[7.24] Thinking it over I cannot but conclude that it was mere ostentation that made Xerxes have the canal dug - he wanted to show his power and to leave something to be remembered by. There would have been no difficulty at all in getting the ships hauled across the isthmus on land; yet he ordered the construction of a channel for the sea broad enough for two ships to be rowed abreast. [....]

Funeral Mound at the southern entrance of the canal

[7.117] It was while Xerxes was here [at the canal] that Artachaees fell sick and died. He was a man of the Achaemenid family, much respected by Xerxes, and had been in charge of the construction of the canal. He was the biggest man in Persia - about 2.15 meters high - and had the loudest voice in the world, so that Xerxes was greatly distressed at his death and had him carried out and buried with all pomp and ceremony. The whole army helped to raise a mound over his grave.

The following is the text of an article by Yudhijit Bhattacharjee that appeared in the New York Times (November 13, 2001).

Persian Canal Discovery Is Testament to Ancient Engineering Skills

In 480 B.C., King Xerxes of Persia ordered his men to build a canal a mile and a quarter long through a peninsula in northern Greece - conceivably one of the biggest engineering assignments of its time.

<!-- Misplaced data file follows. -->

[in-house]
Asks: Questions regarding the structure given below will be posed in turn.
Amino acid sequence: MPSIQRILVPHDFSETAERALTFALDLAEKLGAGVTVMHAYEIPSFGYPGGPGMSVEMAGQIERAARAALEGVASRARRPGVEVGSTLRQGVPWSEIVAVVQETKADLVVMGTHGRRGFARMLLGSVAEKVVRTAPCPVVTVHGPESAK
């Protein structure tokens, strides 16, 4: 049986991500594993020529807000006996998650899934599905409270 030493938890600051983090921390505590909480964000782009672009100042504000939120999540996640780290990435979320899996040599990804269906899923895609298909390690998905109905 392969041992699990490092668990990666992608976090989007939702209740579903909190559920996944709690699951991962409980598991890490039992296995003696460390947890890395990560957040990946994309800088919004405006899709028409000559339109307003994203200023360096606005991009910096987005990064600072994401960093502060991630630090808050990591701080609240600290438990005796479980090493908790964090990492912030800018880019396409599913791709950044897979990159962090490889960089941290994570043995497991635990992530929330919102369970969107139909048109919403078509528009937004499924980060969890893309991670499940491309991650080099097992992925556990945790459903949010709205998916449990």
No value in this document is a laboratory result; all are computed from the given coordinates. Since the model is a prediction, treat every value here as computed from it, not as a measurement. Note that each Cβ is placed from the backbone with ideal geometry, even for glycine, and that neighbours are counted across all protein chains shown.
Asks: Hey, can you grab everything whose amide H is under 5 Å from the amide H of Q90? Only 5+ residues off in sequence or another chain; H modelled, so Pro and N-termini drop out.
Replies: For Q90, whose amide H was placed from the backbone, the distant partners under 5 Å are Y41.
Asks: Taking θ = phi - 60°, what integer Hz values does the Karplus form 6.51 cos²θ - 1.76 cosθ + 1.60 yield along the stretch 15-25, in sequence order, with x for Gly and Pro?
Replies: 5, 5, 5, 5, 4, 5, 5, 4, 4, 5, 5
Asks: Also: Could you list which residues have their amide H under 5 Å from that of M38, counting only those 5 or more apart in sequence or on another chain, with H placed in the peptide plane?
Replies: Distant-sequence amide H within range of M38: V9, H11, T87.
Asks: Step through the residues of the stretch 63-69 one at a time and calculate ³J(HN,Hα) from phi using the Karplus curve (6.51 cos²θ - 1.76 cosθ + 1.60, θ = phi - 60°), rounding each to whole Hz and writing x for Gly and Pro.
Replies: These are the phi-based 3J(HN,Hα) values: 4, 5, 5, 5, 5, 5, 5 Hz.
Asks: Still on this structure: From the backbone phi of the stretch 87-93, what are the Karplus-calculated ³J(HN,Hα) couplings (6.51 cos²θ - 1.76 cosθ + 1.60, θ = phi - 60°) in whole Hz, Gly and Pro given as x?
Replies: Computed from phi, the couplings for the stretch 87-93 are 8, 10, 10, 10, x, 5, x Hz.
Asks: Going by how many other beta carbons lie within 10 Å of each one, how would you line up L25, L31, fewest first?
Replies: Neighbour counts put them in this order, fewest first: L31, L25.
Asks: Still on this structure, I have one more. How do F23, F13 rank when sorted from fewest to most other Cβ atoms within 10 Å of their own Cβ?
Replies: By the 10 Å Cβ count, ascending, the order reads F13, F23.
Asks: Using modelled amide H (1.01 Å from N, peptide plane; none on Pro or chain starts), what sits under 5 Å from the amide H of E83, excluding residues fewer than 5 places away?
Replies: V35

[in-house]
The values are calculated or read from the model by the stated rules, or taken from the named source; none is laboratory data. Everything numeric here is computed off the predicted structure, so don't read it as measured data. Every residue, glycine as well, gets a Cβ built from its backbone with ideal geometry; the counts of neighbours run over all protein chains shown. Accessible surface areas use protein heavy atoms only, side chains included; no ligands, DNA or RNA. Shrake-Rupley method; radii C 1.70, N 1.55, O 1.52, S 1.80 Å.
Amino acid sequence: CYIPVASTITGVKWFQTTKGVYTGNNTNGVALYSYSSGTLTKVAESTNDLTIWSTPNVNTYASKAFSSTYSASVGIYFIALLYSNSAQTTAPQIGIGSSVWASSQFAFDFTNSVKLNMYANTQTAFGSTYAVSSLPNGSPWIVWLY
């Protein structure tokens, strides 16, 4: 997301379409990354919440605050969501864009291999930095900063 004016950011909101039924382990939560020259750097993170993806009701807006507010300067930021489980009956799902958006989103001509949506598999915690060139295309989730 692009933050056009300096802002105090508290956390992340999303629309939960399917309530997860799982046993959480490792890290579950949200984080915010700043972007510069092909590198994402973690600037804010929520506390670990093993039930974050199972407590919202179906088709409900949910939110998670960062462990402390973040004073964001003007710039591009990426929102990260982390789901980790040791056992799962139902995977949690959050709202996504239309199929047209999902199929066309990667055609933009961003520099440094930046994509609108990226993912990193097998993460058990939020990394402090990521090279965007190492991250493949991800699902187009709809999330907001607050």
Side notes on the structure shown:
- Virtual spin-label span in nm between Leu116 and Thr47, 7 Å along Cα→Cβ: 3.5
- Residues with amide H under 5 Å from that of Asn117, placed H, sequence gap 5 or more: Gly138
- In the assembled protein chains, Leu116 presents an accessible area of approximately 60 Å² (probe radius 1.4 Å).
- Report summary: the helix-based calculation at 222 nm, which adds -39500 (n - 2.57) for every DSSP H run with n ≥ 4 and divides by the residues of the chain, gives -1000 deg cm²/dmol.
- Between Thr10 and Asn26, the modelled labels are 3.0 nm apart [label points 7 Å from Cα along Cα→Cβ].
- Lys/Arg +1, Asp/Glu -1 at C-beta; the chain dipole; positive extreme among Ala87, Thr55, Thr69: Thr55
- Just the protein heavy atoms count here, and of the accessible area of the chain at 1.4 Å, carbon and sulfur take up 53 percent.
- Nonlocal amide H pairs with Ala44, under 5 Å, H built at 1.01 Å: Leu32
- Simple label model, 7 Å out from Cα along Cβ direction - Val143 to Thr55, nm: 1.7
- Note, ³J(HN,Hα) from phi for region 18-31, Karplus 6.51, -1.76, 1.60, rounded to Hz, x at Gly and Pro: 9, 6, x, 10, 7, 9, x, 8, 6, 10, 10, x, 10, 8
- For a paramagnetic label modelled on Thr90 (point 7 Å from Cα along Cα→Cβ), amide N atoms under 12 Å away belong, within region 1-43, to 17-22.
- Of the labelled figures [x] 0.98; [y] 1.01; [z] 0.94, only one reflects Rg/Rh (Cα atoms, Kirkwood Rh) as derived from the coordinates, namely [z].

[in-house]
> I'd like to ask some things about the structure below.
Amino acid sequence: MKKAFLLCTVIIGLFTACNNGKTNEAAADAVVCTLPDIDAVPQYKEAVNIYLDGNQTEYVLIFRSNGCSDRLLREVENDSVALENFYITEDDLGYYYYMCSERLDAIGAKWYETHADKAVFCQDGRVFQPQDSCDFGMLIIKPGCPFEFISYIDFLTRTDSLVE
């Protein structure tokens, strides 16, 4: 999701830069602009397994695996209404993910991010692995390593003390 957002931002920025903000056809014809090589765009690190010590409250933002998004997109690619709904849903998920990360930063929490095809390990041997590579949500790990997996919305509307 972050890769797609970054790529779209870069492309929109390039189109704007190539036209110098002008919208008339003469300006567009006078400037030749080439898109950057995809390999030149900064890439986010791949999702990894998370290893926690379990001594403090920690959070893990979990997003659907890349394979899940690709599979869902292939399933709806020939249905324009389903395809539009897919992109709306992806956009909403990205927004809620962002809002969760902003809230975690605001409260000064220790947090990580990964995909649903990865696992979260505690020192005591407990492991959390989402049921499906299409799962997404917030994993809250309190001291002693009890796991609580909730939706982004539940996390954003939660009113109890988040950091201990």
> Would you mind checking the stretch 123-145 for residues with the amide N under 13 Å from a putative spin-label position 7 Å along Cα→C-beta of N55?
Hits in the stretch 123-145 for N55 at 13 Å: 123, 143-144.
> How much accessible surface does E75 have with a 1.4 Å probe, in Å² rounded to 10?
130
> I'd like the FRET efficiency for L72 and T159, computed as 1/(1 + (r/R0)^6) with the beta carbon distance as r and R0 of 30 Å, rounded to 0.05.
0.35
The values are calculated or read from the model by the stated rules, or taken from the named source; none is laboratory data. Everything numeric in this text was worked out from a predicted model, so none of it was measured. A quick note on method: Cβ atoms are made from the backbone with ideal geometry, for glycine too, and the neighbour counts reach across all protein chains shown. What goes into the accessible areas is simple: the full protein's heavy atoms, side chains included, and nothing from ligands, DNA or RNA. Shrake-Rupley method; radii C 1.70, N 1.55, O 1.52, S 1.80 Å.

The canal was critical to Xerxes' plan of invading Greece, a goal that his general, Mardonius, had unsuccessfully attempted 12 years earlier. Mardonius' fleet was destroyed in a storm while sailing around the tip of the peninsula, and Xerxes wanted to avoid a similar setback by building the canal.

Xerxes went on to invade Greece, starting a brief period of Persian conquest in Europe. In the 2,500 years since, historians have debated whether the famed Canal of Xerxes was really dug all the way from coast to coast. Some have doubted its existence, pointing to a rocky plateau that they argue would have made the construction an impossible task for workers of that day.

Now, scientists from Britain and Greece have come up with what they say is conclusive evidence that the canal was indeed built. Using geological information gathered from several yards below the earth's surface, where the structure now lies buried, the scientists have drawn a map detailing the canal's dimensions and course. The findings confirm the description given in an account by the ancient Greek historian Herodotus, which some scholars have long regarded with skepticism.

Buried under centuries of silt and alluvium, the structure is testament to remarkable military strategy, work-force management and civil engineering. It also tells of shortsightedness and haste, and of a king who was probably in such a hurry to conquer that he never thought of preserving the canal as a permanent waterway.